“Grief and feeling uninformed,” says Robin Atkins, a licensed mental health consultant who heads the mental health division of the American Association of Obstetricians and Gynecologists. fully consistent with my clients who reported having an abortion. in an email.
Among women who had an abortion, an analysis of Turnaway data published in 2020 found that five years after an abortion, 84% had predominantly positive or no emotion about the decision. abortion, while 6% expressed mostly negative emotions.
The stress of trying to get an abortion
The decision to have an abortion can be emotionally taxing, regardless of whether someone decides to do it or not.
An analysis of the Turnaway data published in 2020, led by M. Antonia Biggs, an associate professor in the department of obstetrics, gynecology, and reproductive sciences at the University of California, San Francisco., found that most people who consider abortion feel some sort of stigma – they feel people in their community or people they are close to would look down on them if they knew they had sought an abortion – and this stigma is linked to psychological distress years later.
Another study by Dr. Biggs, also published in 2020, surveyed 784 people seeking abortions at 4 facilities in 3 US states. Women who experience logistical problems, like taking the time to seek care, schedule an appointment or travel – as well as those who feel compelled to wait to have an abortion or tell others about their pregnancy – are more likely to experience symptoms of stress, anxiety and depression.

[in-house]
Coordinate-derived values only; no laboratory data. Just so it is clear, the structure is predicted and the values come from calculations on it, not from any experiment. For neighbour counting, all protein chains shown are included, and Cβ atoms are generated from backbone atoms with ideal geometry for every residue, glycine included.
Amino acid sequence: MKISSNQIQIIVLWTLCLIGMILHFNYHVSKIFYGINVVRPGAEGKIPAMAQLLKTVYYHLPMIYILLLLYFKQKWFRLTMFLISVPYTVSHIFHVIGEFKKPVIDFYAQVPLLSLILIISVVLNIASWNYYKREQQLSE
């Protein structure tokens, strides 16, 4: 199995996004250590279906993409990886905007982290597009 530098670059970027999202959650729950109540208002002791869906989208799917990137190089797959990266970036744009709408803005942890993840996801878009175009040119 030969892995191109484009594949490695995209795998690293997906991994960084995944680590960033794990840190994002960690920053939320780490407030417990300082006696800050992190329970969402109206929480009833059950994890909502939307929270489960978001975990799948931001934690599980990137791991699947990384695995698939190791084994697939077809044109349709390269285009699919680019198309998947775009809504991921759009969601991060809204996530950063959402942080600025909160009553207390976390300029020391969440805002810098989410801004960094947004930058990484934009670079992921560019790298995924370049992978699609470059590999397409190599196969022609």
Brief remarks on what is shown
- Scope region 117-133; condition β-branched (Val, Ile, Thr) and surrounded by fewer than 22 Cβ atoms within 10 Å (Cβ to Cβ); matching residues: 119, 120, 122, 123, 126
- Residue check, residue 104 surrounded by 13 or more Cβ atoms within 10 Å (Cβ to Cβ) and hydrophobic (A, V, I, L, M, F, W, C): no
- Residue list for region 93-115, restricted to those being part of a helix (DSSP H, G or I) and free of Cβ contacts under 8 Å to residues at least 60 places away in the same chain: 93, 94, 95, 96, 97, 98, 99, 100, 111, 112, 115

Having reproductive autonomy “is critically important in protecting someone’s mental health and well-being,” says Dr. Biggs.
Experts say the more women are denied abortions, the greater some of these obstacles become.
In 2017, Catherine Sullivan was 17 weeks pregnant when she learned that her baby was missing an X chromosome, the result of a rare genetic disorder called Turner Syndrome.